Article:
Northrop Grumman to Continue Development of GPS-Free Inertial Navigation System
Northrop Grumman Corporation has received a contract modification from the US Department of Defense to further demonstrate a revolutionary advance in inertial navigation.
The demonstration project makes use of traditional electro-optic (EO) cameras, atomic clocks, and advanced vision processing technologies to provide inertial navigation system (INS) updates to aircraft, ground vehicles and ground troops without the need for continuous Global Positioning System (GPS) input to maintain precise position and time.
Called LEGAND, for LADAR EO GPS/INS atomic clock navigation demonstration, the project aims to provide ground troops, aircraft, and ground vehicles the capability to maintain precision navigation in places not currently possible due to challenged or denied access to GPS, thus sustaining their operations.
The LEGAND system processes visual motion observations to provide INS updates while the atomic clock maintains time synchronization, providing users precision navigation while rapidly re-acquiring partial or complete GPS input.
“When GPS access is denied our warfighters in urban or indoor environments, they are often unable to maintain mission engagement.
This inability to update the inertial navigation system with GPS causes a gradual loss of its precision navigation capability resulting in mission degradation or cancellation,” said Gorik Hossepian, vice president of Navigation and Positioning Systems for Northrop Grumman’s Navigation Systems Division. “This translates into less time focused on potential hostile targets of interest.”
Hossepian noted that LEGAND’s small size, weight and power requirements make it highly adaptable to current unmanned aircraft and will provide ground commanders critical battlespace awareness. “The innovative inertial navigation system can also benefit individual soldiers operating in remote areas on the ground,” he added.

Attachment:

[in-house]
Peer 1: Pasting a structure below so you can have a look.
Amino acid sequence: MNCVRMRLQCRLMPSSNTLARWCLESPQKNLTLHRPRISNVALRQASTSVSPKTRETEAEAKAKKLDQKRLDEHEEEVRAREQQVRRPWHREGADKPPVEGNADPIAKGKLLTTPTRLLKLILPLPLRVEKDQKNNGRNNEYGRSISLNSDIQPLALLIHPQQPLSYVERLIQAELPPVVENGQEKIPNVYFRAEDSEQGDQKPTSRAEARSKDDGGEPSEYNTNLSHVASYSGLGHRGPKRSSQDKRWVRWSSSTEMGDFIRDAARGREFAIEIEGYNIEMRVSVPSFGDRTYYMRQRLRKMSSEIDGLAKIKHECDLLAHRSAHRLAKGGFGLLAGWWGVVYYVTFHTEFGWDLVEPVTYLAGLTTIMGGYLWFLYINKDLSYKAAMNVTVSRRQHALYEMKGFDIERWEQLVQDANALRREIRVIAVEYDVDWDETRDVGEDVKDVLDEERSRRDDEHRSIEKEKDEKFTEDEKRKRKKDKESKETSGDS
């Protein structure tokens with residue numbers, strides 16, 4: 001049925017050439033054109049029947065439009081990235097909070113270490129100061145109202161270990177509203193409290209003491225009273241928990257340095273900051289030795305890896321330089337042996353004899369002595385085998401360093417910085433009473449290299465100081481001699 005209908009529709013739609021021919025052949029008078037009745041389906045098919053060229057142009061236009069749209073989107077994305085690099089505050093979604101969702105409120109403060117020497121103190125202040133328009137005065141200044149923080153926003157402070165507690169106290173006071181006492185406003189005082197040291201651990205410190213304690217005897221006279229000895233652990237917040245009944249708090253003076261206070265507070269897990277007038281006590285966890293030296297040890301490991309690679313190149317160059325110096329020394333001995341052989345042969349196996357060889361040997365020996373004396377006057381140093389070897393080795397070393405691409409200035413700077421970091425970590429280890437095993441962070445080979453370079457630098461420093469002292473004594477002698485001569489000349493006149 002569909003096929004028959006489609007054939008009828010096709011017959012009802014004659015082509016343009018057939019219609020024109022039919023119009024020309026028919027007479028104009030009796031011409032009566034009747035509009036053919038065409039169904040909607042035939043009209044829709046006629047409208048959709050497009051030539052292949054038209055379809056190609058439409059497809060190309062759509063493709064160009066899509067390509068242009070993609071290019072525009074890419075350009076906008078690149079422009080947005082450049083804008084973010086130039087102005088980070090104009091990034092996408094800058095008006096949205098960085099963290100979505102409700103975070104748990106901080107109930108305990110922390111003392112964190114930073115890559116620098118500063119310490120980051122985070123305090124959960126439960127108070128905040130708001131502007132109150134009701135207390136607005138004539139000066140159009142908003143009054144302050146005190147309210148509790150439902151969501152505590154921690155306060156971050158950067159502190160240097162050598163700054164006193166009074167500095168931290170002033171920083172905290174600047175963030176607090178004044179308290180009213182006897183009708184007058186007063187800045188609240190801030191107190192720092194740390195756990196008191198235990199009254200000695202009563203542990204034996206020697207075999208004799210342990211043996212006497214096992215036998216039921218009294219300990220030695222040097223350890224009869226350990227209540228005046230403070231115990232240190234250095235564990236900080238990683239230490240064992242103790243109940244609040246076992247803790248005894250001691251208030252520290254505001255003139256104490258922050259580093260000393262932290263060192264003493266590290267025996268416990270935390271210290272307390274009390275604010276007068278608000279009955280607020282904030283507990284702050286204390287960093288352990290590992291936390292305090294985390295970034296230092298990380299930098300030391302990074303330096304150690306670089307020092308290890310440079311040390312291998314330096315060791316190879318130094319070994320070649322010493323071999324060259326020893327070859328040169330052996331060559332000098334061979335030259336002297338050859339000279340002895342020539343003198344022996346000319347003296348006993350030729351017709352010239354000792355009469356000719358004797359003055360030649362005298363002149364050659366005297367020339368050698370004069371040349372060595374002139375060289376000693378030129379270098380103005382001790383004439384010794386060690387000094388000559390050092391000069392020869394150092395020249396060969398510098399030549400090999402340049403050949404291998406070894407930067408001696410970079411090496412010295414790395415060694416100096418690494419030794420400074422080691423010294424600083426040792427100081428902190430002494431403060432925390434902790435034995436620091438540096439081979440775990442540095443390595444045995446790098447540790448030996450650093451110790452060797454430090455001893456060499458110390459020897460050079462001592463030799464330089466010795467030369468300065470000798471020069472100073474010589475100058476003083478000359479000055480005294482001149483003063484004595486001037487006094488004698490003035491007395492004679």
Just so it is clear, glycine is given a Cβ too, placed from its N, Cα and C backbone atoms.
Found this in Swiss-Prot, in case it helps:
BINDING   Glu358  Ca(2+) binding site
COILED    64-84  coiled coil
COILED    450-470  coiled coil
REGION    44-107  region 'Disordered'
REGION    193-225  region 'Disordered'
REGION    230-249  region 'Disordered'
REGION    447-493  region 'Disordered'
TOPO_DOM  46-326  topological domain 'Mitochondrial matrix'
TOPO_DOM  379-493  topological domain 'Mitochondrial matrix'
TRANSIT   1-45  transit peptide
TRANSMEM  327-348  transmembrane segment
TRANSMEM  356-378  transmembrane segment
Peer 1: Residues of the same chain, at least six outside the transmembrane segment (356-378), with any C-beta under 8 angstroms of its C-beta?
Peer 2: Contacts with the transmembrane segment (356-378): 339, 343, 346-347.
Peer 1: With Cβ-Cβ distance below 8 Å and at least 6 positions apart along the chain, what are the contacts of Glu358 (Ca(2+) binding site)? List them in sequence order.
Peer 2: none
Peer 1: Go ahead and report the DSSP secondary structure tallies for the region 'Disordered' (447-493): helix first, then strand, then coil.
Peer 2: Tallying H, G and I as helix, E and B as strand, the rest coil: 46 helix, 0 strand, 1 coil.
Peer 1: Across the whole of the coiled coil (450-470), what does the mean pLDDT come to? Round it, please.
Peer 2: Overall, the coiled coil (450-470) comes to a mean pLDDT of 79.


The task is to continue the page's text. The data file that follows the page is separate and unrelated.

Two successful studies of the core LEGAND technologies were completed by Northrop Grumman in September 2008 and February 2009 and the current demonstration hardware development phase funded by this contract modification is expected to continue through September 2010.
Curtiss-Wright’s Defense Solutions has received European Technical Standard Order (ETSO) approval from the European Aviation Safety Agency (EASA) for its Fortress family of flight data ...
Raytheon has received a $406 million IDIQ contract from the US Army to deliver its ARC-231A radio systems, the company announced on 14 February. The ...
Blighter Surveillance Systems has supplied its Blighter B400 series E-scan micro Doppler ground surveillance radar to Dat-Con Defence for Indian Border Security pilot programme, the ...
Hensoldt will deliver its TRS-4D Rotator naval radar and MSSR 2000 ID friend-or-foe identification system (IFF) for the second batch of the German Navy’s K130 ...
Hensoldt is set to appear at 2019’s International Defence Exhibition (IDEX) in Abu Dhabi to present its new PrecISR airborne multifunction radar, in addition to ...
Leidos Australia has been selected as the prime system integrator to deliver the first tranche of Australia's Joint Project 2096 Phase 1, the Australian Department ...